This is preliminary dance on the stage by the main character. For Purappadu the curtain is held by the stretched up hands in maximum height. The atmosphere is surcharged with high pitch music. Sound of quick and heavy foot-steps from behind the curtain pierces through the atmosphere. At this time a colour-canopy appears over the curtain, when an extra ordinary noise is heard. Drums beat becomes at top vigour. Fingers of the character (left hand fingers covered with long thimbles) rise in the centre of the curtain. The hands hold the curtain on top end and fingers glide across. No singing at this moment, but the drum beat crosses tolerable limit.
Now is the turn of anti-hero. He shakes the curtain violently. The audience chances upon the upper portion of the headgear of the hero. Anti-hero draws the curtain towards him and surge forward. The face of the hero character is now exposed on the stage.



The anti-hero drops the curtain and the hero is exposed in full view. At this stage the curtain is pulled off from the stage. This procedure is known as Tirano’kku.



This is preamble of female characters appearance. In Kummi (a sort of dance) the movements and gestures are not rigid. Gentleness and mildness with slow paces are Kummi’s specialties.



Make-up is a highly reckoning factor in Kathakali. Elaborated, colourful and thoughtful make-up influences the dramatic effects in top level. Each colour in make-up denotes each particular quality.

  • Green denotes godliness
  • White denotes spirituality
  • Red denotes turmoil
  • Black denotes evil and
  • Yellow denotes combination of godliness and turmoil.

In other words, each colour represents each character with marked costume and make-up. These five characters are named

  • Pachha
  • Katti
  • Taadi (it has three types – VelupuThaadi, ChuvappuThaadi and KaruppuThaadi.

Reddening of the white portions of eyes of the characters is a salient feature in Kathakali. For this tender seeds of sollanum pubescence are used.



Minukku make-up soothes face. Yellow and red colours mix used for it creates natural skin colour supposedly of Brahmins, Rishis and virtuous women. Some artists prefer to have cream or white colour dots from cheeks to the fore-head in bow shape. Forehead is caste-marked with black colour, while the lips are coloured red. Eyes and eye-lids are lengthened with black greasy collyium. For women characters appropriate touch-ups are given.



Pachha (green) facial make-up is symbolic to gods like Rama, Lakshmana, Bharata, Krishna etc. Smooth deep green base is given in front portion of the face. Over it, from centre of both the chin to the lower jaw, white rice paste curves known as Chuttis are given. Lips are made red, while eyes and eye-lashes are made black. Upper portion of the forehead is covered with a red ribbon attached the headgear.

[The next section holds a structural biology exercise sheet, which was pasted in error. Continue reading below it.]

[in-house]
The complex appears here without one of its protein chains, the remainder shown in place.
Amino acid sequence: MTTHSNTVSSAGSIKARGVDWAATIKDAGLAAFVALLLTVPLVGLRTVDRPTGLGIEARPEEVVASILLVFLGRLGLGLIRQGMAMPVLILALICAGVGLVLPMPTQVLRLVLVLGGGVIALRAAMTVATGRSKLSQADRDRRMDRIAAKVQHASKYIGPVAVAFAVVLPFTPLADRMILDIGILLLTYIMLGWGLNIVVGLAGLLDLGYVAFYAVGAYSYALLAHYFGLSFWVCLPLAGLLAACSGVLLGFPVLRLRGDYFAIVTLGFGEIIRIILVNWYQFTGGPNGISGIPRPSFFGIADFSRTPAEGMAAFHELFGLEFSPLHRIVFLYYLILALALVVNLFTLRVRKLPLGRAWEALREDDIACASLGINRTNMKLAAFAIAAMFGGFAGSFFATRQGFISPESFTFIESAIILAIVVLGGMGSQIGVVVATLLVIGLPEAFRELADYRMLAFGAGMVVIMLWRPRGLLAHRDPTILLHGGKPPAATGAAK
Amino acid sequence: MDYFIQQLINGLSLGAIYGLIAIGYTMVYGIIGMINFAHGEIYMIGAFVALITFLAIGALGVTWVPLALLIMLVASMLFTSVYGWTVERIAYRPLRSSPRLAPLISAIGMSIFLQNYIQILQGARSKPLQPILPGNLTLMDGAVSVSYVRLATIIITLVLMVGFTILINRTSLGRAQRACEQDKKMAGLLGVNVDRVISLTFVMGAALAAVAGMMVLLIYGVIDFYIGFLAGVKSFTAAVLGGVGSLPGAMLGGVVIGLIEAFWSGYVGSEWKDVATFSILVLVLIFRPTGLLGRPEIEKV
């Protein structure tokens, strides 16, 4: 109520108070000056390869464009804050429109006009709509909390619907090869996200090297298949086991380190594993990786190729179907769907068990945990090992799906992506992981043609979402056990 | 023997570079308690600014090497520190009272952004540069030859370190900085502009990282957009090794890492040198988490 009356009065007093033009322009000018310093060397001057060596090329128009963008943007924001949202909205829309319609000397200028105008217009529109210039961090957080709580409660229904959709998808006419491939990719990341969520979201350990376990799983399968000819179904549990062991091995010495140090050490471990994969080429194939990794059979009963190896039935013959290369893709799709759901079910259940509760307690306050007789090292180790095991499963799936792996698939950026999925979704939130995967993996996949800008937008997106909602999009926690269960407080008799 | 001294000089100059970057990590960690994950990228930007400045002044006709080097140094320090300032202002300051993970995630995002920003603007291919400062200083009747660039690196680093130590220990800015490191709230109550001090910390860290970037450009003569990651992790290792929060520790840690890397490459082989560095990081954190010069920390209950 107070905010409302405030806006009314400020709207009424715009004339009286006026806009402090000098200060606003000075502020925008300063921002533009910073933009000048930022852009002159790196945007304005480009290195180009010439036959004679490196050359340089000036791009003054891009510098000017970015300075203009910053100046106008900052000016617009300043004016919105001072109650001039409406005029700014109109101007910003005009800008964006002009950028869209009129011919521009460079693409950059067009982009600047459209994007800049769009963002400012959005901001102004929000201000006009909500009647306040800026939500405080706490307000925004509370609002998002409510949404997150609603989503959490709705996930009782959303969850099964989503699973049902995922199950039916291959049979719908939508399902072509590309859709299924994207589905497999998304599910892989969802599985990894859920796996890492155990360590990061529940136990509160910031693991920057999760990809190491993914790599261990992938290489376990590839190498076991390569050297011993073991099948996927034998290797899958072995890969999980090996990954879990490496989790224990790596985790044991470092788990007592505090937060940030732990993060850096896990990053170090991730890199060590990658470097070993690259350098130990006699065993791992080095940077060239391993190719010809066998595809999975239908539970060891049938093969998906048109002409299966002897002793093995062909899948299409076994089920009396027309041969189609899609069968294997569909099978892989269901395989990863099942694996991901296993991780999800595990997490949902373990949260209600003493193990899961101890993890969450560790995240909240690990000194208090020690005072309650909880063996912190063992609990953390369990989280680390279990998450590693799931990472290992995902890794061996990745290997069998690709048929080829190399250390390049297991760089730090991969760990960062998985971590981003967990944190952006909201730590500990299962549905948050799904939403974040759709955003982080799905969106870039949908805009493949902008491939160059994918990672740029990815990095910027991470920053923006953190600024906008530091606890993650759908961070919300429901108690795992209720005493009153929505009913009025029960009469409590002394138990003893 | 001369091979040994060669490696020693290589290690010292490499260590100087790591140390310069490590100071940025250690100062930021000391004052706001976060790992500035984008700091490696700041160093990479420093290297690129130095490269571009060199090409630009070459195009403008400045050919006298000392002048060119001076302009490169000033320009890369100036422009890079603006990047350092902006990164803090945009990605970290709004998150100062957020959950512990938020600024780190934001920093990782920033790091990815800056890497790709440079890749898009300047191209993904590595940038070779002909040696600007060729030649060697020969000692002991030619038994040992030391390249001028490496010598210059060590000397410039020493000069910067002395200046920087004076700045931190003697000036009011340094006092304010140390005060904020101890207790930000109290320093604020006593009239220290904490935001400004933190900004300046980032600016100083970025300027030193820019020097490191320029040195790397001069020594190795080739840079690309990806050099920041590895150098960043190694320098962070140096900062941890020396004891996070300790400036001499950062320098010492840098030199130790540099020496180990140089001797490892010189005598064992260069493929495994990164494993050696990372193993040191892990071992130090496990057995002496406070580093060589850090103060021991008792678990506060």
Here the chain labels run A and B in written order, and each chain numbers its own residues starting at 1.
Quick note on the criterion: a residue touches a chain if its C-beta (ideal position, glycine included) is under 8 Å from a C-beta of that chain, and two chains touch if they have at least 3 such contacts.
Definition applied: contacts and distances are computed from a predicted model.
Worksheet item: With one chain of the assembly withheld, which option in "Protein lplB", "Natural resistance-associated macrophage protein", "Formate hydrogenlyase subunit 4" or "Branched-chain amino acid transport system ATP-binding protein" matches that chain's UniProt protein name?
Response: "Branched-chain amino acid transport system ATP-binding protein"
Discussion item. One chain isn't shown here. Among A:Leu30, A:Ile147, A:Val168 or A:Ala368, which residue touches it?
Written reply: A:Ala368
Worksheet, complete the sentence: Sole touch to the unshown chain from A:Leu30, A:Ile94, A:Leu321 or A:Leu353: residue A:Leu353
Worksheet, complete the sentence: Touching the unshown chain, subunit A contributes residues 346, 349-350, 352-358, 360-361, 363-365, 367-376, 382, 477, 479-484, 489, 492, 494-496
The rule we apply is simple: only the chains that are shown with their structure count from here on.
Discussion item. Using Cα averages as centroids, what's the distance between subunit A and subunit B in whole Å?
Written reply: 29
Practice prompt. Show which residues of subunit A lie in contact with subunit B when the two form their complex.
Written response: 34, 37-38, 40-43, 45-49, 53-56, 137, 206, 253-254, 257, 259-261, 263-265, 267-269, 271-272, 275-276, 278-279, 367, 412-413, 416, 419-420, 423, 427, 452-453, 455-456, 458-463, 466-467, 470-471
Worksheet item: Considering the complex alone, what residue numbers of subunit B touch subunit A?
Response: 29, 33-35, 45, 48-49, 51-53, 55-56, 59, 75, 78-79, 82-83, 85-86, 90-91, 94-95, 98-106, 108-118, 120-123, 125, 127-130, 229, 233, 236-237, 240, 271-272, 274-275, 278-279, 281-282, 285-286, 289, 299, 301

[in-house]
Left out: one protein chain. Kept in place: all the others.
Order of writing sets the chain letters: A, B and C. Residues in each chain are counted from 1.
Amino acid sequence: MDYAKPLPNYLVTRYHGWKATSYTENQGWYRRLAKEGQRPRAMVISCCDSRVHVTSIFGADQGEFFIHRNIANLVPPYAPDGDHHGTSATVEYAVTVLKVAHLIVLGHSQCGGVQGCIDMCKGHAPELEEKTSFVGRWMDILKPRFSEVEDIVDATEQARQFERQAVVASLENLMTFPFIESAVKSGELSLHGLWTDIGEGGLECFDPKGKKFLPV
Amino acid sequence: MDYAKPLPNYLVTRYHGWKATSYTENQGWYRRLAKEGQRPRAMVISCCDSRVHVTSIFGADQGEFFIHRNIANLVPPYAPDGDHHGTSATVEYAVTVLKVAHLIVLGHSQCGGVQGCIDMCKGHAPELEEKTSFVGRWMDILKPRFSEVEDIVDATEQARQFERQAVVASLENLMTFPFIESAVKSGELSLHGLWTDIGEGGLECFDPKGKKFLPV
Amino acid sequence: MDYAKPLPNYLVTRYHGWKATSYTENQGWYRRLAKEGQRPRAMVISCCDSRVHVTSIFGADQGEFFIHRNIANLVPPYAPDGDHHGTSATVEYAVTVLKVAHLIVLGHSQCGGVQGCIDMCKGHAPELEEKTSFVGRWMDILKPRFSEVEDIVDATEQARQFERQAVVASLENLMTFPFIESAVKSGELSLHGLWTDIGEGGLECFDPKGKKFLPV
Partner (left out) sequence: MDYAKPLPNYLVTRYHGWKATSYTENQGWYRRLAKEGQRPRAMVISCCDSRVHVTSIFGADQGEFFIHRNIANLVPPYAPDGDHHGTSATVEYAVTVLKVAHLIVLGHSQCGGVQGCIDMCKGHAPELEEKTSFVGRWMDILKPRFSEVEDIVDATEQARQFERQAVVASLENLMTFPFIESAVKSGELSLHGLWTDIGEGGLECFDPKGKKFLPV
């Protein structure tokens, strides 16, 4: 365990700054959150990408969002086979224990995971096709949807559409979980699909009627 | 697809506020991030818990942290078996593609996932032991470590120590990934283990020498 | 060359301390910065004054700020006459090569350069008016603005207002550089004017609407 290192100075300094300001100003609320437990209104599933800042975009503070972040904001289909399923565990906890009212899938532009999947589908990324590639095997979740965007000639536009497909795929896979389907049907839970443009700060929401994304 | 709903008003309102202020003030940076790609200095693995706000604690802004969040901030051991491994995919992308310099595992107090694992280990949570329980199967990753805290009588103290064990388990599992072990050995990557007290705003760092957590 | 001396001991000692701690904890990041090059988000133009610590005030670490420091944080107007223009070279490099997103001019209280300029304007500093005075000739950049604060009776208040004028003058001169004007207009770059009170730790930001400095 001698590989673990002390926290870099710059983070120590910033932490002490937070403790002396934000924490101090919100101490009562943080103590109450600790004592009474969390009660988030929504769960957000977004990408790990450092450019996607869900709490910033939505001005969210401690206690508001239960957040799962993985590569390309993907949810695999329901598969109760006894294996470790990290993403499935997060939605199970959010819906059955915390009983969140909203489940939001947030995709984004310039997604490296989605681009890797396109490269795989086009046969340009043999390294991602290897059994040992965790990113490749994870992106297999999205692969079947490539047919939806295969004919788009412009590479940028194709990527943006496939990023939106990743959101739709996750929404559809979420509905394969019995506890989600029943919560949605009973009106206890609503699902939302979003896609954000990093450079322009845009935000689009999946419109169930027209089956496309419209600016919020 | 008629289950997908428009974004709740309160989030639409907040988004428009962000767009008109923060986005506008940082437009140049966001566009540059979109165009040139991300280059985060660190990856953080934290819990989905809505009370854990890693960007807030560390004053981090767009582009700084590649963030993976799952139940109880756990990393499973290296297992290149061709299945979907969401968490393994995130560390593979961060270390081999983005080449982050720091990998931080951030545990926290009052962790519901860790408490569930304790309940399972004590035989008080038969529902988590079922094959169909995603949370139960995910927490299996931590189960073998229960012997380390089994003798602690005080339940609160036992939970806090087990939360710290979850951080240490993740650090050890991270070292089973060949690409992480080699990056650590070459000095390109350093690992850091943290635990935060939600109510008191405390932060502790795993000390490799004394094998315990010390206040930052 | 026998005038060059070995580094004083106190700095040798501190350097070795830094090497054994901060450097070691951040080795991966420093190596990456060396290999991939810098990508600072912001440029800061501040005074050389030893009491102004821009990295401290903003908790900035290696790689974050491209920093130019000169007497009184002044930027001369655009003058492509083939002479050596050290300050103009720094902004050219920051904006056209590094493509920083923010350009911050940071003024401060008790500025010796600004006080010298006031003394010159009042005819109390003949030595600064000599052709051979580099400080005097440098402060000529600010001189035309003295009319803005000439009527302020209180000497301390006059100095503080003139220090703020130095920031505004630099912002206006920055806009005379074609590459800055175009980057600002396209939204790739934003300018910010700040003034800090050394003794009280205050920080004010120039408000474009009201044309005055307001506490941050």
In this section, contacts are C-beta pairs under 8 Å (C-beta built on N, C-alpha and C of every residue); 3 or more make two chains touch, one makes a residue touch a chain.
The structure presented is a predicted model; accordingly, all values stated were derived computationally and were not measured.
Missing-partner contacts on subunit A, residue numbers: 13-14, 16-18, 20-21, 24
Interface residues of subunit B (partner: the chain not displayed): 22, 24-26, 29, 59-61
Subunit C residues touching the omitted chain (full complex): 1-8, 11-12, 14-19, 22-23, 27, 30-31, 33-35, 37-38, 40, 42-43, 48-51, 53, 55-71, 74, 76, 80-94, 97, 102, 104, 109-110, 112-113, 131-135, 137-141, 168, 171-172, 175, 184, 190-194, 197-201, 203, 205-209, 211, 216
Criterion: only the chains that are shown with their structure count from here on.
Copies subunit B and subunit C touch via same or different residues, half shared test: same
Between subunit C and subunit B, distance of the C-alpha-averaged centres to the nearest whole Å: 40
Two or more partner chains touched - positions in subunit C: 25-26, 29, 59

This is a complicated and meticulous make-up. Katti in local language is knife. Katti make-up resembles full bent knifes. Katti characters are evil forces or fierce characters or demon characters. Ravana, Keechaka, Dussassana and the like fall in this category.
The facial make-up begins with green colour base. Red is applied on the sides of the nose and stretches it to the forehead above eye-brows to look like an upturned moustache. The border lines of the red are in white. From middle o the cheeks a Chutti is drawn along the jaw-bones. Two Chuttipuvus (flower-like white knobs) are created on the face. Two protruded canine teeth over lover lips on either end of the mouth are shown for demonic characters.



Taadi or beard is created for both the characters – godly and demonic. For character-wise differentiation there are three colours of Taadi – white, red and black. For Taadi make-ups there shall be no white Chuttis.



White Taadi make-up is for characters like Hanuman (monkey god) and the like. This make-up consists of white beard and a fur coat. Black ointment is applied on lips and upper half of the face. A white rosette with a red dot within is made in the middle of the chin and lower part of the lip and up-to the chin is red coloured. Thin decorative coating of Chutti covers the black end portion of the face and meets the Chuttinata (hem of head dress). A white pattern is developed from green painted base of the nose to lead to either side of the cheeks by encircling the red spots. Two oval shaped red spots – one each on forehead and nose tip – complete the White Taadi.